By Wreford Momanyi
Consumers have become the most powerful drivers for the evolving retail industry, and also increasingly demanding. The modern-day consumer is different: over the last decade, we have witnessed changes in consumer behaviour, demographics and technology adoption and advancement. Retailers must continuously understand and adapt to these changes to remain competitive.
Globally, most retailers have recorded a decrease in store sales but an increase in online sales over the last few years. According to a press release by UNCTAD on 29 March 2019, Global e-commerce sales grew 13% in 2017, hitting an estimated $29 trillion.
For most businesses, online sales is increasing proportionally and fast becoming the leading sales channel. Ease of payment, increased internet penetration, and smartphone penetration have been the key drivers for online retail sales.
Most consumers have a social media presence and use mobile applications. They are becoming more innovative and aligning their strategies with these consumer trends.
Changing consumer behavior patterns are aligned to the millennial generation’s increasing participation in the market. Millennials have been characterized to be socially conscious and heavy consumers of online content who prefer texting or messaging to calling and demand instant responses and reactions.
It is estimated that 75% of the global workforce will be composed of millennials by 2025; most of the people with the greatest purchasing power will soon be millennials. Consequently, the role of millennials in defining the future of retail and e-commerce cannot be underestimated.
Retailers cannot only rely on sales at the physical branches, but also embrace omnichannel sales. Modern and future consumers demand constant engagement online in terms of marketing, sales and customer service. Most small-scale retailers have set up online stores without physical shops where consumers can order and goods are delivered to their doorsteps.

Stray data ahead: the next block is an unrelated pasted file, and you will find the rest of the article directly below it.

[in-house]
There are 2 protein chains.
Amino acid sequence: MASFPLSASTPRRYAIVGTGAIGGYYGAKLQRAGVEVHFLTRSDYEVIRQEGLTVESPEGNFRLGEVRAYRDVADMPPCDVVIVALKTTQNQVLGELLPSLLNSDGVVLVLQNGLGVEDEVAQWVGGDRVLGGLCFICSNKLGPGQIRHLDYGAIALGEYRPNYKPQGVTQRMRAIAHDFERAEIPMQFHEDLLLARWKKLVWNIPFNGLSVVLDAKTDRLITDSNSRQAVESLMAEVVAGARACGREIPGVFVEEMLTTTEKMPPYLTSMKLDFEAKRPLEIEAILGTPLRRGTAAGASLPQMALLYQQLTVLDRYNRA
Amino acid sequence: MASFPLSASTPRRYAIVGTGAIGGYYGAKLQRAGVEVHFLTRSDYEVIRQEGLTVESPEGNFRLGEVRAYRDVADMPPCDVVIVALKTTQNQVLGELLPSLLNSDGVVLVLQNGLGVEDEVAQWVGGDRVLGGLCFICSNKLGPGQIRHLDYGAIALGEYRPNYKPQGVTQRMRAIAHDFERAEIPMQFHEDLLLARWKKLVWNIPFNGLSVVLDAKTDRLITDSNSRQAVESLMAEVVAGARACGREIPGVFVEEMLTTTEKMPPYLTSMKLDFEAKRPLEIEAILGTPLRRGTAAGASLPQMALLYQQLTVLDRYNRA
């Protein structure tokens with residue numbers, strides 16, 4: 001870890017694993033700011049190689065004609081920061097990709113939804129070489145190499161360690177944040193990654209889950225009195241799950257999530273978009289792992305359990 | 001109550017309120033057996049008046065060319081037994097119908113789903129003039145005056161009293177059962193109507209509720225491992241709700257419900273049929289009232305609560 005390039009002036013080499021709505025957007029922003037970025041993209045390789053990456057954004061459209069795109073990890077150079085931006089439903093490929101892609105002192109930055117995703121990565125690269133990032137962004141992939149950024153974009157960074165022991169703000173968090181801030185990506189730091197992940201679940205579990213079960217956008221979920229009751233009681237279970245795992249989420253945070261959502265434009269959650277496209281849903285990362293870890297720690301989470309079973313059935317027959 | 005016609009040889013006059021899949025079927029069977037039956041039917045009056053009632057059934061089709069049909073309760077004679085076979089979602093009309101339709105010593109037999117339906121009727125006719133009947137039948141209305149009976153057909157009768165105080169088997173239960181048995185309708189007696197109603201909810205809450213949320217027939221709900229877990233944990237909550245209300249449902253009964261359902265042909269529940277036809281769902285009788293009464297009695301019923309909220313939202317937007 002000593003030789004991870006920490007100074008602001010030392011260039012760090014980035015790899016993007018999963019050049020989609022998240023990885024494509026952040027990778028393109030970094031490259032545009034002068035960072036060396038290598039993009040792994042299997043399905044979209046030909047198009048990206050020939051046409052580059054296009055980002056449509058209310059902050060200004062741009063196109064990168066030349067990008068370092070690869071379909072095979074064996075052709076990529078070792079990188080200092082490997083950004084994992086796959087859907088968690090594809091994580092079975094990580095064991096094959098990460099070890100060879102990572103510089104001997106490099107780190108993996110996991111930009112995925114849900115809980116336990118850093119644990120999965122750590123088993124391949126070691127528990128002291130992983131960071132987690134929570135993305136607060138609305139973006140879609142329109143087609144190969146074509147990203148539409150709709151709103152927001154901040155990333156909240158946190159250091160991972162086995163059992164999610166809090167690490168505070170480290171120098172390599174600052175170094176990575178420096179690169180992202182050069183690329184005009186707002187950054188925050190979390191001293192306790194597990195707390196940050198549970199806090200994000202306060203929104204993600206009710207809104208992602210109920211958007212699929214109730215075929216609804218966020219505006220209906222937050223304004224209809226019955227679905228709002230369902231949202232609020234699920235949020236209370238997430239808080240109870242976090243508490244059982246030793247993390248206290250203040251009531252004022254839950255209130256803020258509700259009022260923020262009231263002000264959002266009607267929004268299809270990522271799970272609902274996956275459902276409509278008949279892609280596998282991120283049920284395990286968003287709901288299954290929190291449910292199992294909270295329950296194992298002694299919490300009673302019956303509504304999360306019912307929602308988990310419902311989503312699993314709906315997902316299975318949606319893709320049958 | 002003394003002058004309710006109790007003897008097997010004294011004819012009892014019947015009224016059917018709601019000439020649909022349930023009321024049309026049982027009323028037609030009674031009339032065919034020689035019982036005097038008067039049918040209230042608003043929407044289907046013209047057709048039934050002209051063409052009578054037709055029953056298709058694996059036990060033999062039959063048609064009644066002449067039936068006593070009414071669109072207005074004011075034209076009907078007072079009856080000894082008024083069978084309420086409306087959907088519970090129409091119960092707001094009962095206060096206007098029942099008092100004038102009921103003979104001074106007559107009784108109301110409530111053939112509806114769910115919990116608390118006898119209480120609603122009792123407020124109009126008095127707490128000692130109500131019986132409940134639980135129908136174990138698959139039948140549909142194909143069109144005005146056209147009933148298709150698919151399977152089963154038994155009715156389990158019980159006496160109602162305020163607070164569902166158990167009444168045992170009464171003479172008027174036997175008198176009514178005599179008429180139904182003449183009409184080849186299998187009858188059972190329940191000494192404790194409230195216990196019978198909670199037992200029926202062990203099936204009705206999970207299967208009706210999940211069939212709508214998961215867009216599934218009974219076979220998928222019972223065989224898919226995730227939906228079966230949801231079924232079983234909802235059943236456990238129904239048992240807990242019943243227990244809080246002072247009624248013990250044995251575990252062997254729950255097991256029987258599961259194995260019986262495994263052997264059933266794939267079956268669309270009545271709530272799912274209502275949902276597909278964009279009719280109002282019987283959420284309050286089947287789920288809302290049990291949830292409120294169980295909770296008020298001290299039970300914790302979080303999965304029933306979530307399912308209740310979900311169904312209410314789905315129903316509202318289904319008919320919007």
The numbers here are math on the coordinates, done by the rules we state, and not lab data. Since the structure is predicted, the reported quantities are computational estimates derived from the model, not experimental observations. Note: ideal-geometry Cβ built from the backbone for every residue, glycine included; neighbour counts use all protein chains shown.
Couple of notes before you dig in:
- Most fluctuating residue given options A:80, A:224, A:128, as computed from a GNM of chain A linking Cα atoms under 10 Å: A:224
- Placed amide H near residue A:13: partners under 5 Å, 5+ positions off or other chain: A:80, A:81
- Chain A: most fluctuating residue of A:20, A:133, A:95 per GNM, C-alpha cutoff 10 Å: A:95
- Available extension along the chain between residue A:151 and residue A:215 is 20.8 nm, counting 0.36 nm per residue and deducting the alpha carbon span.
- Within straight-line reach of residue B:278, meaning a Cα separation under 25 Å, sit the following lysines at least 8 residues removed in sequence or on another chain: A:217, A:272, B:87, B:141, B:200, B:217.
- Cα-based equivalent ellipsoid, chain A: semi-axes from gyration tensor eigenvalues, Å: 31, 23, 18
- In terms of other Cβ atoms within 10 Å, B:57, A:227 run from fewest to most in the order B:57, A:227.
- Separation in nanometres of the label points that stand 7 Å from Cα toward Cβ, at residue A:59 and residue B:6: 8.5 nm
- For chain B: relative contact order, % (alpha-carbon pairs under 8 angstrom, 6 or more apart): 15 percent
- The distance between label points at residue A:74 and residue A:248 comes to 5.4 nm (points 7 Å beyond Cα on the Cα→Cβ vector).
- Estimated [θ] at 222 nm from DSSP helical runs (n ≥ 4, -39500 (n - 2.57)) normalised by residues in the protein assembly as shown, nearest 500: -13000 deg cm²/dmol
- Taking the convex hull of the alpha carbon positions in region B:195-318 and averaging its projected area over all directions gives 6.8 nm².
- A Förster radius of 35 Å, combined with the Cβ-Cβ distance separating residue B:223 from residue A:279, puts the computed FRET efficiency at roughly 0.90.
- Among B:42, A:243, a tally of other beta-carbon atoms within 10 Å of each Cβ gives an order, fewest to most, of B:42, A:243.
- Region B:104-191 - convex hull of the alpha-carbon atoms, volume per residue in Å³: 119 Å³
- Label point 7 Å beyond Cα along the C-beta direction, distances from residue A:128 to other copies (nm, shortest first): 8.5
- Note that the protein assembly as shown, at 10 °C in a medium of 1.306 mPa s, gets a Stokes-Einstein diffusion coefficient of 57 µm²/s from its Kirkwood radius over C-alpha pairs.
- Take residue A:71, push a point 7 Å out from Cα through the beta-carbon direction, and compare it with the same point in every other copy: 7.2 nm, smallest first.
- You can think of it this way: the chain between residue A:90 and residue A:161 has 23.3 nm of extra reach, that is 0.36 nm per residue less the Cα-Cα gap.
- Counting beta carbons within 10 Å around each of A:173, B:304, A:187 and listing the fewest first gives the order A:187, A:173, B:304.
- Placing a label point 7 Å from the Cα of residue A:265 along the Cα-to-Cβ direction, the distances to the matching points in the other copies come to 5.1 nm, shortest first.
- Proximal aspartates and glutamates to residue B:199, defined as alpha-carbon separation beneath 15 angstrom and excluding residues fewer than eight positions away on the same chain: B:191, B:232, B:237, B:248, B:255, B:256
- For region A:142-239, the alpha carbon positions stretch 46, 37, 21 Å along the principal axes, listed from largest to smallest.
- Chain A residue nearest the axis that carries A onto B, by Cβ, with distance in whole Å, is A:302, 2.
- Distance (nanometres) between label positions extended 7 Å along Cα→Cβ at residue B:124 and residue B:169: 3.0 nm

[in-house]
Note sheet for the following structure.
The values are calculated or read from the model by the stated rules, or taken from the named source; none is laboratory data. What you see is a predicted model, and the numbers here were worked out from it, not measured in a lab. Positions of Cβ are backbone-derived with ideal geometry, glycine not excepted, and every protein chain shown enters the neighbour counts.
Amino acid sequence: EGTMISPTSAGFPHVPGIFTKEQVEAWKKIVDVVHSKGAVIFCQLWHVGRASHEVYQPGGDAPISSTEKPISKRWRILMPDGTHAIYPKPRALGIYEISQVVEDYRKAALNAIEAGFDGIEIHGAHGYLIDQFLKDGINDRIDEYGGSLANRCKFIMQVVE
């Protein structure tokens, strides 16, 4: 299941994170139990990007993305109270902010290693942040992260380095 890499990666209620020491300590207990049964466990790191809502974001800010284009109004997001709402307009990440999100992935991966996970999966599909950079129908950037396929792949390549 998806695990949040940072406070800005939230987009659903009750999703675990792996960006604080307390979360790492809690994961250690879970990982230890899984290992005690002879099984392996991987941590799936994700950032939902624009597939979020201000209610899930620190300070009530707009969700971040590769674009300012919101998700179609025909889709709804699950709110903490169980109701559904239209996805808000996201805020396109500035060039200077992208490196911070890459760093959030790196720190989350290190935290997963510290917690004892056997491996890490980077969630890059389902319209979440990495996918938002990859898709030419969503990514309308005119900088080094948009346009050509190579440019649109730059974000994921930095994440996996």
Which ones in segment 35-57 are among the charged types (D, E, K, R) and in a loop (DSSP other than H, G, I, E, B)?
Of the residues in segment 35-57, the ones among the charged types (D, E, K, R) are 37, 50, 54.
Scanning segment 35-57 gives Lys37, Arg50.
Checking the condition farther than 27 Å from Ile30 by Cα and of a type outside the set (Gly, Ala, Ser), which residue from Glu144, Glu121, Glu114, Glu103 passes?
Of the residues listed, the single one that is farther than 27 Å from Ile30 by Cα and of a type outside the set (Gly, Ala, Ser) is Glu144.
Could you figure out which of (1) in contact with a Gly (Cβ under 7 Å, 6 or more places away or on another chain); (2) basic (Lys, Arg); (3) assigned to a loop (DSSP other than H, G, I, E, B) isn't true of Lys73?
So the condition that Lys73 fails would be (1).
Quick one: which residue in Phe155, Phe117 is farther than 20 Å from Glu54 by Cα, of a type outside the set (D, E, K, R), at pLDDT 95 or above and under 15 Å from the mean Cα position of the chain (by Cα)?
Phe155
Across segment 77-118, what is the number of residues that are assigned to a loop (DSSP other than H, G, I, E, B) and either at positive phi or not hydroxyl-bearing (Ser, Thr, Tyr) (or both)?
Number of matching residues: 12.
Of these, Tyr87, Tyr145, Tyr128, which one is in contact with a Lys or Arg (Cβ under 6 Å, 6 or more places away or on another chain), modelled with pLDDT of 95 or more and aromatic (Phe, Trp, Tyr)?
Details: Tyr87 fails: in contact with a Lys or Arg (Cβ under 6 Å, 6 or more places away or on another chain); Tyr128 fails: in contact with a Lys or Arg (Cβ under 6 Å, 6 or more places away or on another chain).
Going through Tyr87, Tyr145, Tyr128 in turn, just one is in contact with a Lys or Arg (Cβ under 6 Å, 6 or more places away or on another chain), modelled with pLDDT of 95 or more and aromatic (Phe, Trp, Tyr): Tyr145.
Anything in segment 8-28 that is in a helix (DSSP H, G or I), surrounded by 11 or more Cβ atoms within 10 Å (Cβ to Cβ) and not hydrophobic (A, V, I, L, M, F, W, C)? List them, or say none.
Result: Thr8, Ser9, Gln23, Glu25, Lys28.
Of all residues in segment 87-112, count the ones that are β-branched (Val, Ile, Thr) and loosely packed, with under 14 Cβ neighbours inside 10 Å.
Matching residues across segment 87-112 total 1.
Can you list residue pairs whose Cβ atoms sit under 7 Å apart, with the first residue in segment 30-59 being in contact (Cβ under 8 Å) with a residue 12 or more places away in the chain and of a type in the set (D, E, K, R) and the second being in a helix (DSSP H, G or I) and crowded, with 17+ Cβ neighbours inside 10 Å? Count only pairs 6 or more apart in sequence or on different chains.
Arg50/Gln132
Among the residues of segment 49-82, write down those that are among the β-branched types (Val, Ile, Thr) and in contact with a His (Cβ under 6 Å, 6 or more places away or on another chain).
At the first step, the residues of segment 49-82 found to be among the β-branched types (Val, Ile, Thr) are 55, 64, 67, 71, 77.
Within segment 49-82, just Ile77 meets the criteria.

According to a Nielsen survey in 2018, at least 25% of Kenyans shop online and use social media to find out about fast moving goods.
Thus, for any retailer to survive the coming years, they ought to have an online presence and embrace omnichannel strategies for seamless customer experience, engagements and retention.
Cheap, secure and convenient payment channels have been instrumental to the growth of the retail industry and a key enabler in the retail value chain.
Financial institutions and telecommunication companies are key drivers to these advancements. Through their collaboration and integration of financial services, retail businesses can accept payment platforms such as debit cards, credit cards, mobile money and even, in some cases, cryptocurrency.
Consumers prefer the “buy anywhere, pay from anywhere and deliver at my location” model for convenience. Successful retailers ought to continuously simplify their payment stack, not forgetting the potential for cybercrime.
In today’s retail environment, an online presence alone is not enough. Continuous learning about customers’ needs and behavioural patterns is the next level of marketing.